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Santorum reflects on election, future of Republican Party

Former presidential candidate speaks at Franklin County Republican Committee's Eisenhower Day Dinner

December 11, 2012|By JENNIFER FITCH | waynesboro@herald-mail.com
  • Former U.S. Sen. Rick Santorum from Pennsylvania, center, who also ran for the Republican presidential nomination, speaks with Dr. Bradley R. Hock, left, and Pa. State Sen Richard Alloway II, R-Franklin/Adams/York, Tuesday night at Green Grove Gardens in Greencastle, Pa.
By Joe Crocetta, Staff Photographer

GREENCASTLE, Pa. — Former U.S. Sen. Rick Santorum joined Franklin County, Pa., Republicans in reflecting on the Nov. 6 presidential election during a dinner Tuesday.

Republicans are “not comfortable in our own skin,” Santorum said.

“We needed someone who would energize our base as much as (Barack Obama) energized their base,” he said.

Santorum, who represented Pennsylvania in the Senate from 1995 to 2007, ran for president this year, but bowed out of the race in April. When asked about running in 2016, he said he is “certainly not making any decisions at this point in time.”

“There’s only one thing I’d run for again,” Santorum said of any other political aspirations.

Santorum addressed the Franklin County Republican Committee for its Eisenhower Day Dinner, which had been rescheduled because of inclement weather during Superstorm Sandy. About 200 tickets were sold for the event at Green Grove Gardens.

Committee Chairman Dwight Weidman called Franklin County a “ray of sunshine on an otherwise dismal Election Day” because 68 percent of the county’s votes cast in the presidential race were for GOP candidate Mitt Romney.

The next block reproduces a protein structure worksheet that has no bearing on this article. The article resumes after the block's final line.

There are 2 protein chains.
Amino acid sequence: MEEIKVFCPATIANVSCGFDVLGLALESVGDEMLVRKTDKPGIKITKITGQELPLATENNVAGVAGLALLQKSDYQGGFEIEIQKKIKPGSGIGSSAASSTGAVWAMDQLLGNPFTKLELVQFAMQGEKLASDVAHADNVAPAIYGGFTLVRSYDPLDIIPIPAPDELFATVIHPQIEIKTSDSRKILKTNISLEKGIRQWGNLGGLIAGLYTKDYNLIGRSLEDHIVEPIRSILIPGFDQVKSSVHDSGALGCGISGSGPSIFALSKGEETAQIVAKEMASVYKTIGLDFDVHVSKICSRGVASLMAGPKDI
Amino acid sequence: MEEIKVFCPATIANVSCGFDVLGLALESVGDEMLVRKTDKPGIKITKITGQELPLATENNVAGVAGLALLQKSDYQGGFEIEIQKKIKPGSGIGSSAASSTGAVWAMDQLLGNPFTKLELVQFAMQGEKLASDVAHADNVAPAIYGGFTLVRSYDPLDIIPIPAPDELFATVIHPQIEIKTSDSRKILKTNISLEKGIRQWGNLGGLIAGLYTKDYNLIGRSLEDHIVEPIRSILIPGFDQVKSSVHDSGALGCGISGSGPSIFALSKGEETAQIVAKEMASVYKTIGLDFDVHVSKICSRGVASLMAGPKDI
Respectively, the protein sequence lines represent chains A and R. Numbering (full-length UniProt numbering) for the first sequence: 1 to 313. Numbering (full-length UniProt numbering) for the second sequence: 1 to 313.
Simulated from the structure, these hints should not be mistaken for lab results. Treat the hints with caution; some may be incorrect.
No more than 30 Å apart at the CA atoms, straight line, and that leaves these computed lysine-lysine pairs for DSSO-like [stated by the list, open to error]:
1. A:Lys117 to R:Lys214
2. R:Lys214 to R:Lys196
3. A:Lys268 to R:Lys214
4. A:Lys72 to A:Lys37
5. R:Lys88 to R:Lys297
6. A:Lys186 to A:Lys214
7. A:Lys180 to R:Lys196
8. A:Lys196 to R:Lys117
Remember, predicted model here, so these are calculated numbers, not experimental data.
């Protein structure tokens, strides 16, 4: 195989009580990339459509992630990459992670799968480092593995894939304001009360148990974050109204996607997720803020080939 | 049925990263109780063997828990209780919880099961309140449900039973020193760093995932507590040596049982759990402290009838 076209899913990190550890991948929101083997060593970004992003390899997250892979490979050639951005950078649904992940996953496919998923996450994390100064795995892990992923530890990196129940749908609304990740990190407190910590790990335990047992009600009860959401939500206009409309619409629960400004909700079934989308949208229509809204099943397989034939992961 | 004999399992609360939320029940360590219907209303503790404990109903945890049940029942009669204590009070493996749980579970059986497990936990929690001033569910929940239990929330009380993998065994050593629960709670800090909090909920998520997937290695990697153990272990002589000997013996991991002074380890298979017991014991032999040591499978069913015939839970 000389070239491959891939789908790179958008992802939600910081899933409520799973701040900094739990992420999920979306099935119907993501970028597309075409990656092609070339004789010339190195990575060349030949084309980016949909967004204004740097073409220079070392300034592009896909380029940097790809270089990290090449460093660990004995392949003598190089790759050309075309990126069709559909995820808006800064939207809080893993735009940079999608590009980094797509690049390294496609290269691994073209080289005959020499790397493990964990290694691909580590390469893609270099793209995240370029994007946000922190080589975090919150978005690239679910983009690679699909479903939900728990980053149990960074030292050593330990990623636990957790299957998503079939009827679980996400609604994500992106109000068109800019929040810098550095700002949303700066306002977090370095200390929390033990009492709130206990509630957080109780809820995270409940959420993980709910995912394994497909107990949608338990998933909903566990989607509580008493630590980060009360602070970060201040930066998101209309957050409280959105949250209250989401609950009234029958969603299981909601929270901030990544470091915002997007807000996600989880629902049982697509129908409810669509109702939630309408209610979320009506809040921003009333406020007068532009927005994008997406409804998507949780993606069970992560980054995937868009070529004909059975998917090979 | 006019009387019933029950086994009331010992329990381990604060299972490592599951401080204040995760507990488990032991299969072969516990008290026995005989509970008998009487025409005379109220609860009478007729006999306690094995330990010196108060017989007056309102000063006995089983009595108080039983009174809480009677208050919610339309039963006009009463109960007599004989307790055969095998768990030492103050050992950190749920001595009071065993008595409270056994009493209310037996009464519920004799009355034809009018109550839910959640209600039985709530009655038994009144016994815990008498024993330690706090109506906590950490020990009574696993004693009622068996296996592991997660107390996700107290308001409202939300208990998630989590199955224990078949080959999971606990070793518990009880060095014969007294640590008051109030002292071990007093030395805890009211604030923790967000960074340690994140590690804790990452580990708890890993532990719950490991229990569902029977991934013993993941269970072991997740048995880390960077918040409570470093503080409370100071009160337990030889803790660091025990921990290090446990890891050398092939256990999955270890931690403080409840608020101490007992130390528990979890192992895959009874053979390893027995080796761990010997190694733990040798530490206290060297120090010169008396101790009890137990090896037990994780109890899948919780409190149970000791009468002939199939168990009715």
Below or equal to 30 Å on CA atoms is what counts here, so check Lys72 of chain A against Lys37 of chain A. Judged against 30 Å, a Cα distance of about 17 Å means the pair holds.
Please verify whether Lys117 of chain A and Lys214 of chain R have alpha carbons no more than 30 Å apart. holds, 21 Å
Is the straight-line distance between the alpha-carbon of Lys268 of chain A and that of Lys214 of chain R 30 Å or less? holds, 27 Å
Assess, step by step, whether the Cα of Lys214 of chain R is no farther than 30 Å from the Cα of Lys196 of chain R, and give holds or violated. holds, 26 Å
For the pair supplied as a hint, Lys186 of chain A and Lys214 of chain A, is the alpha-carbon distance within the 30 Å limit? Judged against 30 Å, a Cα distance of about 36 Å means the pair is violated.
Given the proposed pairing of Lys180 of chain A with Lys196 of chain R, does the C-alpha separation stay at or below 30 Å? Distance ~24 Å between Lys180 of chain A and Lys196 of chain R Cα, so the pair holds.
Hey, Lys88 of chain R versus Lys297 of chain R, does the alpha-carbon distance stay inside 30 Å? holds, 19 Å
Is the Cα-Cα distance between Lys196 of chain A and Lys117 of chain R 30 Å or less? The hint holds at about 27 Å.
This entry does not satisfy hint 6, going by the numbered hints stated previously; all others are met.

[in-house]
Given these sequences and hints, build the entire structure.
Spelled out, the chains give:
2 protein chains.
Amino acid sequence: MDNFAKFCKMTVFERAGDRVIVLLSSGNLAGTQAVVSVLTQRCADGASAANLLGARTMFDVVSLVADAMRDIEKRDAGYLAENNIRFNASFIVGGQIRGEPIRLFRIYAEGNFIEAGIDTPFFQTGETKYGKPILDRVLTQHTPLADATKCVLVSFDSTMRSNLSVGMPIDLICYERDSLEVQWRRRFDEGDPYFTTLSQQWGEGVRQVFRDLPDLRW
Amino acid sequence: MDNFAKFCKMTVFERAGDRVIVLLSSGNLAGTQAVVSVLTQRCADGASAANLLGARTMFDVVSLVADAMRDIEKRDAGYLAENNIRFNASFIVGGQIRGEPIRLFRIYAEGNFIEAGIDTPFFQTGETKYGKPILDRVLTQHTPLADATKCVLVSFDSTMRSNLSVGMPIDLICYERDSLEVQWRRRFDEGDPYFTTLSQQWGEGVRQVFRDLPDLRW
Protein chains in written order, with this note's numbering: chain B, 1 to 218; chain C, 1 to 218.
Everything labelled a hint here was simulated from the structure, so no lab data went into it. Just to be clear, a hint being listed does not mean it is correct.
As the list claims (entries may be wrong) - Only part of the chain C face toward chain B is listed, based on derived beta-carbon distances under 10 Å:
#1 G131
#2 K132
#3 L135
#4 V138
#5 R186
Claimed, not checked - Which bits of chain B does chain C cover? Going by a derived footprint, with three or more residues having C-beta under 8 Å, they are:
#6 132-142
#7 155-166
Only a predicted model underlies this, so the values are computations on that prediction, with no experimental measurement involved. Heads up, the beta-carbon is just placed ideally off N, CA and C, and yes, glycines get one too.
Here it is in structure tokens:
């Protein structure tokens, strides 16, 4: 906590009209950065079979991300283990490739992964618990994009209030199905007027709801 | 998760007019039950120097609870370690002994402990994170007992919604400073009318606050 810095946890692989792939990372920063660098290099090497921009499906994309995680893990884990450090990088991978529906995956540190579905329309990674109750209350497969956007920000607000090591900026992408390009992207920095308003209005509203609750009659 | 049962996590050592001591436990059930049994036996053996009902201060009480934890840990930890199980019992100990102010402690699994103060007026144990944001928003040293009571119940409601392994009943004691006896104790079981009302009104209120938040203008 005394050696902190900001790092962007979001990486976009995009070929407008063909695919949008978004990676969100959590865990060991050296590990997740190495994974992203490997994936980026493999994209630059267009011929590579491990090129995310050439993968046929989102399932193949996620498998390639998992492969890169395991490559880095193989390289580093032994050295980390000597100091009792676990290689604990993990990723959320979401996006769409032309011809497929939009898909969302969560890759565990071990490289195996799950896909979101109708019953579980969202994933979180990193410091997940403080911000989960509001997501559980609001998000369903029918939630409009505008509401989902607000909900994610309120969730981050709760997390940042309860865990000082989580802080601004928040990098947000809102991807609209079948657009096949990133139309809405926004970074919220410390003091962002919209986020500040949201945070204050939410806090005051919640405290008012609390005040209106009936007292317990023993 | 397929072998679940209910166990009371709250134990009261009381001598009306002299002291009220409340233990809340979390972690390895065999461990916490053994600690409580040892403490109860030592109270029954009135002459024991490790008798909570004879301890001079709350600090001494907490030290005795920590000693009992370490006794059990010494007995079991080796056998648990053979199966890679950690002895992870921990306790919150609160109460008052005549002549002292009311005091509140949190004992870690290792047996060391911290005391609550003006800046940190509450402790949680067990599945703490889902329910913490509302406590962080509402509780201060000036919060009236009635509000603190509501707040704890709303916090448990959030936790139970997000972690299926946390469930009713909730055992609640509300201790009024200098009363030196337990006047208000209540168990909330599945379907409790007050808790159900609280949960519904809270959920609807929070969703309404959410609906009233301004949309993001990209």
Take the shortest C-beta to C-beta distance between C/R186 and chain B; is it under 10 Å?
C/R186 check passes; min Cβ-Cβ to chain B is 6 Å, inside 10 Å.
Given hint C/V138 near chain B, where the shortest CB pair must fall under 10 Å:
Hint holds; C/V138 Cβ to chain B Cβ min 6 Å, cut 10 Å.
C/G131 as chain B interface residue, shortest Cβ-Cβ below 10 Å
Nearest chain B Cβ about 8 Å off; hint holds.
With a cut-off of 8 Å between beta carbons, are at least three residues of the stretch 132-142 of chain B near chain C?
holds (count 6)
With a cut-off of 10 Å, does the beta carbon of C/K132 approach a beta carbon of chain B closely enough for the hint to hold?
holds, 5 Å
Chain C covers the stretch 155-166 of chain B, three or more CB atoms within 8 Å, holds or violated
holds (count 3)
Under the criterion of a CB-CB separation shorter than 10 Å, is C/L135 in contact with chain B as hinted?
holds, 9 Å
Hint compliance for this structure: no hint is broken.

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Santorum, who also served in the U.S. House of Representatives, told the crowd that each person and Franklin County as a whole can have an impact, saying “we don’t have to put on a uniform to fight for America.” In his speech, he called for maintaining the country in line with the ideals of its founding fathers, and he repeatedly criticized President Obama for a comment about transforming the United States.

“We all know America is not perfect ... but America as it was designed is as close to perfect as you can get for any country,” Santorum said.

“We know America is the greatest country in the world. Why would we want to transform America?” he asked.

Every generation of Americans is focused on making things better for the next generation, but today’s citizens are in danger of being the first generation to deliberately support policies that would worsen the country for the next generation, Santorum said.

The government is telling people what health care they will have, what gasoline they can use, and which light bulbs they can put in their homes, according to Santorum, a Pennsylvania native.

“It’s happening, and this last election we affirmed it with eyes wide open,” Santorum said.

He criticized pop culture for “rewriting the rules of right and wrong,” institutions of higher education for “indoctrinating our youth,” and the news media for its influence on American culture. He praised churches, families, and community and civic organizations.

In an interview prior to the speech, Santorum said the changing makeup of Pennsylvania through its energy industry could affect its voting in 2016. The state went to Obama this year.

“We’re hopeful this trend continues and the energy boom continues in Pennsylvania, and we’ll see a different (voting) trend in Pennsylvania,” he said.

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